After weeks of intensive campaigning and lobbying, Governor Mr Jerry Brown was able to muster only a 21-16 vote in favour of the legislation, which authorises $US 2.6bn in state bond funding, to be matched by a $US 3.2bn federal contribution. US transportation secretary Mr Ray LaHood warned in May that California could forfeit Washington's grant if it failed to approve state contributions.

Many opponents in the state Senate, mostly Republican, have argued that California's budgetary crisis makes any investment in high speed rail questionable. They have also have cited recent opinion polls suggesting the project has lost public support, and suggest that the matter should be settled in a public referendum.

Californian voters approved a state bond measure in November 2008 which allows the state to raise up to $US 9bn through 30-year general obligation bonds for the high-speed line, together with $US 950m for associated improvements on conventional lines.

The bill passed by both the Assembly and the Senate includes $US 5.8bn for construction on the first 209km phase of the Initial Operating Section (IOS) between Bakersfield and Madera, north of Fresno, together with almost $US 2bn to improve commuter rail lines around Los Angeles and in the San Francisco Bay Area, which will allow high-speed services to enter cities on conventional lines.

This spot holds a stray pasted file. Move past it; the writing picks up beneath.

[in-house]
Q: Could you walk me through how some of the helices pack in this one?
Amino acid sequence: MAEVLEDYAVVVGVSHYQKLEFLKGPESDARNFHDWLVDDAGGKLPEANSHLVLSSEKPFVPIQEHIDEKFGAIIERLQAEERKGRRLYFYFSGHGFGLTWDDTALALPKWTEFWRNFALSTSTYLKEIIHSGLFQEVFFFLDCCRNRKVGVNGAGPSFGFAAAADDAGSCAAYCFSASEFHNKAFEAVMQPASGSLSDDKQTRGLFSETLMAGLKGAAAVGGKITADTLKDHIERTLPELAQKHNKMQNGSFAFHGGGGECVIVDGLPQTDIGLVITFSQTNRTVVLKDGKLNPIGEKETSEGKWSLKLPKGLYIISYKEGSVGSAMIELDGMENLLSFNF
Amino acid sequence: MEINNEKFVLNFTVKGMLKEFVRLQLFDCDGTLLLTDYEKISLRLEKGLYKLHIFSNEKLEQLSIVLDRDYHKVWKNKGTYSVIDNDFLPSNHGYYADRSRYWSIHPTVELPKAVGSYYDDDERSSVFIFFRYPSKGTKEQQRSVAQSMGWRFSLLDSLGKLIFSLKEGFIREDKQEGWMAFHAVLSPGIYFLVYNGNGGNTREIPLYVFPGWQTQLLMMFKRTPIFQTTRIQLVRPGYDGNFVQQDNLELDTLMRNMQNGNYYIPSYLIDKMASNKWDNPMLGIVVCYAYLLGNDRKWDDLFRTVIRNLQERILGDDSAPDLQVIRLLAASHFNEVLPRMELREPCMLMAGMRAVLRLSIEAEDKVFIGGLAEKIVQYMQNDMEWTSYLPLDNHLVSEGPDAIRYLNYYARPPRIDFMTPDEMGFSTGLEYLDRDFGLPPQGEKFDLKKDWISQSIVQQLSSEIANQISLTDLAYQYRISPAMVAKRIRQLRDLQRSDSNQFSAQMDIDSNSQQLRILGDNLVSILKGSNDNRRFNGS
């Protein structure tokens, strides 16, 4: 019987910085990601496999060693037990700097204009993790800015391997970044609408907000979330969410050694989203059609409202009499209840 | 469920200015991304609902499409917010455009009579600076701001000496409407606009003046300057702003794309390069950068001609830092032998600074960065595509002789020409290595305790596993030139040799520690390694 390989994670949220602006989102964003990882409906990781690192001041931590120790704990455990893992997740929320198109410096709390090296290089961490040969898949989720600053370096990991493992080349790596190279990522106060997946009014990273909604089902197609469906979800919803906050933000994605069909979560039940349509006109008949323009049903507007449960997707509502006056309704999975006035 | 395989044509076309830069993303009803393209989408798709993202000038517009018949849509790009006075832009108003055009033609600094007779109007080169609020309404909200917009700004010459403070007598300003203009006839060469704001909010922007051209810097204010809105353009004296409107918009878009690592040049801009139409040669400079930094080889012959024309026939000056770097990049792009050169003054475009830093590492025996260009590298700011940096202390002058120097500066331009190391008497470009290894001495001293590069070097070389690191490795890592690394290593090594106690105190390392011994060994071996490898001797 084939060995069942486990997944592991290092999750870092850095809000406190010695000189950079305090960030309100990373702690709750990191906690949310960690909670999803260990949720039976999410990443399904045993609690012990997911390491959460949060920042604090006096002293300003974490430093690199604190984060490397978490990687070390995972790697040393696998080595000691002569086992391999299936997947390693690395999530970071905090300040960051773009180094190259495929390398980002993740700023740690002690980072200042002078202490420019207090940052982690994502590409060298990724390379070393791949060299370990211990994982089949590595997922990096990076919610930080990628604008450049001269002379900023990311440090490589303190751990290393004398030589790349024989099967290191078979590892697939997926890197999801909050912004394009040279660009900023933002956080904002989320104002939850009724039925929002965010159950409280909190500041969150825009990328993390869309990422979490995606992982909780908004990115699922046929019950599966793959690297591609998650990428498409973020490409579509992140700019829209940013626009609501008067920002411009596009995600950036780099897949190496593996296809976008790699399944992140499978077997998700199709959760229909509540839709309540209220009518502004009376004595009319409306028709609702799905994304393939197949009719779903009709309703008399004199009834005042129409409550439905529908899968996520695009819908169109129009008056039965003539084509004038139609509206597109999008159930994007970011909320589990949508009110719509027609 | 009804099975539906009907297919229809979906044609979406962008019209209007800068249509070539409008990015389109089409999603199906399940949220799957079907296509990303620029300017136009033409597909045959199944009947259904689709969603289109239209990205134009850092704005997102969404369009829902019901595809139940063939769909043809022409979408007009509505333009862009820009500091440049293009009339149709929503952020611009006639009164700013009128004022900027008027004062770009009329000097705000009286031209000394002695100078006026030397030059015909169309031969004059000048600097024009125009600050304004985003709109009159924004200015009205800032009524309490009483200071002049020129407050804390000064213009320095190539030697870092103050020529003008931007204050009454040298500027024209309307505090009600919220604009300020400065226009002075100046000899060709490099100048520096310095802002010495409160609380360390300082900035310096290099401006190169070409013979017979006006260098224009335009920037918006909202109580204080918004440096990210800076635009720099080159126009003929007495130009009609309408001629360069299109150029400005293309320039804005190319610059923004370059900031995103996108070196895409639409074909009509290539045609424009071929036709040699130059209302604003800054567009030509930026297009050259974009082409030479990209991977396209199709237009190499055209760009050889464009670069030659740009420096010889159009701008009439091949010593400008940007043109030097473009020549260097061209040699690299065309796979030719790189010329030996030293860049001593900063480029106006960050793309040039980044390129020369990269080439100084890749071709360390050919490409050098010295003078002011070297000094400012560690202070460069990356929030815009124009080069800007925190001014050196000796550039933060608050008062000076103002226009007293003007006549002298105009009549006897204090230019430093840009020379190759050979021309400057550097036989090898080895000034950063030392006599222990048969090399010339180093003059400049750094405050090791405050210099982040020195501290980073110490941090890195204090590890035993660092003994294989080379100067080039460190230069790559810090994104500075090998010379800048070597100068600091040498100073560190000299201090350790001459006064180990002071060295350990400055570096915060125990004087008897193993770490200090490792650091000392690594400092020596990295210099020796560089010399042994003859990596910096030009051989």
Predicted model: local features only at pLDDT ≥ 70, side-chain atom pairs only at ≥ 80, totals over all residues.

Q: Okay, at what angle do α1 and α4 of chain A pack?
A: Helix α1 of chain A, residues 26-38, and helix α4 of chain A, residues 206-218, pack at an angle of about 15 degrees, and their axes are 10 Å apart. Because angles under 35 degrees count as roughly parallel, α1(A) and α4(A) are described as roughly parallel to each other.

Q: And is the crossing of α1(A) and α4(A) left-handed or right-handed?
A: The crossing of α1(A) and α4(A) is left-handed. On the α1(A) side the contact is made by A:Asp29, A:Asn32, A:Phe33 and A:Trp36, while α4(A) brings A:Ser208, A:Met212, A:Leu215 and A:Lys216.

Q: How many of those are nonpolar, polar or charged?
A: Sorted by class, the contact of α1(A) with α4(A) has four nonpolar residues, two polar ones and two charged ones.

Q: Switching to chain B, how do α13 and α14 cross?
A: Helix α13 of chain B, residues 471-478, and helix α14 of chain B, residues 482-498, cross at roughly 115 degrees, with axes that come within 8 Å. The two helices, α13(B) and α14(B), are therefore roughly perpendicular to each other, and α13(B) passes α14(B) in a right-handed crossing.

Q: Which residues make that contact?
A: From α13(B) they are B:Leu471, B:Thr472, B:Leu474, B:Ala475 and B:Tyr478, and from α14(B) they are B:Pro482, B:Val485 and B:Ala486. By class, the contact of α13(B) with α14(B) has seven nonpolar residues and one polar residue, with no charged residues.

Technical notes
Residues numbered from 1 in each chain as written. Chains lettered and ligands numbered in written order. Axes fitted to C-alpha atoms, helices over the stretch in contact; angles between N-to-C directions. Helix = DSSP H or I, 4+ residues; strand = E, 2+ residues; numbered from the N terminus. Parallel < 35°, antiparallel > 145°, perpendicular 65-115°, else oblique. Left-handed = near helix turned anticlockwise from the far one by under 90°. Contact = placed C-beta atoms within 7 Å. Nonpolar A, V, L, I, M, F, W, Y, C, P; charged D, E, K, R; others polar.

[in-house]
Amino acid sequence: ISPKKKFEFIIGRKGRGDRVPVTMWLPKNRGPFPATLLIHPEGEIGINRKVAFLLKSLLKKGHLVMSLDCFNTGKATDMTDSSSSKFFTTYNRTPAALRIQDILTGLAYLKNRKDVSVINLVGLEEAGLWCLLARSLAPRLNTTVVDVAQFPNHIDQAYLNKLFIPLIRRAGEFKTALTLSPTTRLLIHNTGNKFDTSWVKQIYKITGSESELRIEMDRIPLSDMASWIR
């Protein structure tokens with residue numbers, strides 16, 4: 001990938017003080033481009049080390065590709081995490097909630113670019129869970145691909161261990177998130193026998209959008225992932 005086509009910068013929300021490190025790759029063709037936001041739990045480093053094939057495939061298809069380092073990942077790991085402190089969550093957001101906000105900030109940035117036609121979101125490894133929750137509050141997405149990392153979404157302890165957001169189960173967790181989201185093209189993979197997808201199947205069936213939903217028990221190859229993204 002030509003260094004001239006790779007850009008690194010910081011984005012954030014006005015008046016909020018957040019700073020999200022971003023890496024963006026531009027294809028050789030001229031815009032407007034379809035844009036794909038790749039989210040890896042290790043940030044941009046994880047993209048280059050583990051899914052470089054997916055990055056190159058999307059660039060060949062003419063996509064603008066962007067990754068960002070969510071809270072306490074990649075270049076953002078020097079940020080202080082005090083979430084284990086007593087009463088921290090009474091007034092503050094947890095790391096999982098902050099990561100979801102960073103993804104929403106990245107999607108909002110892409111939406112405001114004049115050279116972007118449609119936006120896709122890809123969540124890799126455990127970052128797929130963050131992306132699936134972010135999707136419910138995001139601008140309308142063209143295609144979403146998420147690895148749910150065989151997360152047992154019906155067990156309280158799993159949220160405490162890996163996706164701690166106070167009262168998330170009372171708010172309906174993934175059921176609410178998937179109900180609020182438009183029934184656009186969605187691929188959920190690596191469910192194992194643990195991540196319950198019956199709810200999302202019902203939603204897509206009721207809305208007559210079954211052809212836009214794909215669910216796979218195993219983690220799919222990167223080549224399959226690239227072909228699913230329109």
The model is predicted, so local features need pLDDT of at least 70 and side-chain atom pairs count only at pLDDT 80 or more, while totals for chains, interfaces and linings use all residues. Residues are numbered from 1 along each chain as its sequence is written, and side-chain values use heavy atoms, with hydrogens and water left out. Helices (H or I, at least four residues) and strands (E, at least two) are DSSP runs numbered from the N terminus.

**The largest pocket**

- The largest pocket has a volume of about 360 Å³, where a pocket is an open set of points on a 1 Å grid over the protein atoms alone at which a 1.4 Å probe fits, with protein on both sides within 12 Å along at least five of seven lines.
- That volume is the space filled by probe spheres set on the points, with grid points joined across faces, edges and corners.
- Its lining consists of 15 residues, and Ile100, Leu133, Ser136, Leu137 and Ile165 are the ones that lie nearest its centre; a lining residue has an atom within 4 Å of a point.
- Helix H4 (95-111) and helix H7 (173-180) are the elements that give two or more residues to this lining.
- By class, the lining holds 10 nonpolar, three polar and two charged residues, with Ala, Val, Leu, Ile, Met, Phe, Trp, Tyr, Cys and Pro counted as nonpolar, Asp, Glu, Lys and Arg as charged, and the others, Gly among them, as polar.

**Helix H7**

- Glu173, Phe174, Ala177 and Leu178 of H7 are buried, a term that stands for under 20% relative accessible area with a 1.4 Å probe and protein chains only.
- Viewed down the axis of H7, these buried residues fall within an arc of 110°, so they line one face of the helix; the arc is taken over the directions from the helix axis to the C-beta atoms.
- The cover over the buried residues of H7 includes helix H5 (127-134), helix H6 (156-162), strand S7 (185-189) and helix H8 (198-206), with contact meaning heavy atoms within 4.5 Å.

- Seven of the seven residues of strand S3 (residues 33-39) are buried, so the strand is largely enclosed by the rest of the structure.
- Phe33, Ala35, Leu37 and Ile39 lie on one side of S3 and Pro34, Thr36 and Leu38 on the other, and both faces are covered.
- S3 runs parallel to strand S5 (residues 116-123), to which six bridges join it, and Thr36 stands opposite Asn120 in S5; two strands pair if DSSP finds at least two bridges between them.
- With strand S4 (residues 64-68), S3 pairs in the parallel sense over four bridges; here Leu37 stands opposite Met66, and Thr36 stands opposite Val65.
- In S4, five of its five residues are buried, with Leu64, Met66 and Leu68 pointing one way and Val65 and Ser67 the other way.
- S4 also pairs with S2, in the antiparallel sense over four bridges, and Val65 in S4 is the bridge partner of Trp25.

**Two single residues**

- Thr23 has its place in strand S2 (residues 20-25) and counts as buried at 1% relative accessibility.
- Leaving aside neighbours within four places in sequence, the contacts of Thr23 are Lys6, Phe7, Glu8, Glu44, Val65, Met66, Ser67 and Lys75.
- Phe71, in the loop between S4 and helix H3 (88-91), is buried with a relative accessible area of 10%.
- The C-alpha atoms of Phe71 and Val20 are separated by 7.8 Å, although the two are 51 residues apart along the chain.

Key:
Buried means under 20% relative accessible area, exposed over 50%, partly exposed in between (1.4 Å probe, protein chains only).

"[The] vote to commence construction, like all major public policy decisions, is the result of hard work and collaborative effort," says California High Speed Rail Authority chairman Mr Dan Richard. "The legislature's action sets in motion a State-wide rail modernisation plan for California. Not only will California be the first state in the nation to build a high-speed rail system to connect our urban centres, we will also modernise and improve rail systems at the local and regional level. This plan will improve mobility, reduce emissions, and put thousands of people to work while enhancing our economic competitiveness."

A full description of the California High Speed Rail project appeared in the July issue of IRJ, and can be viewed online here.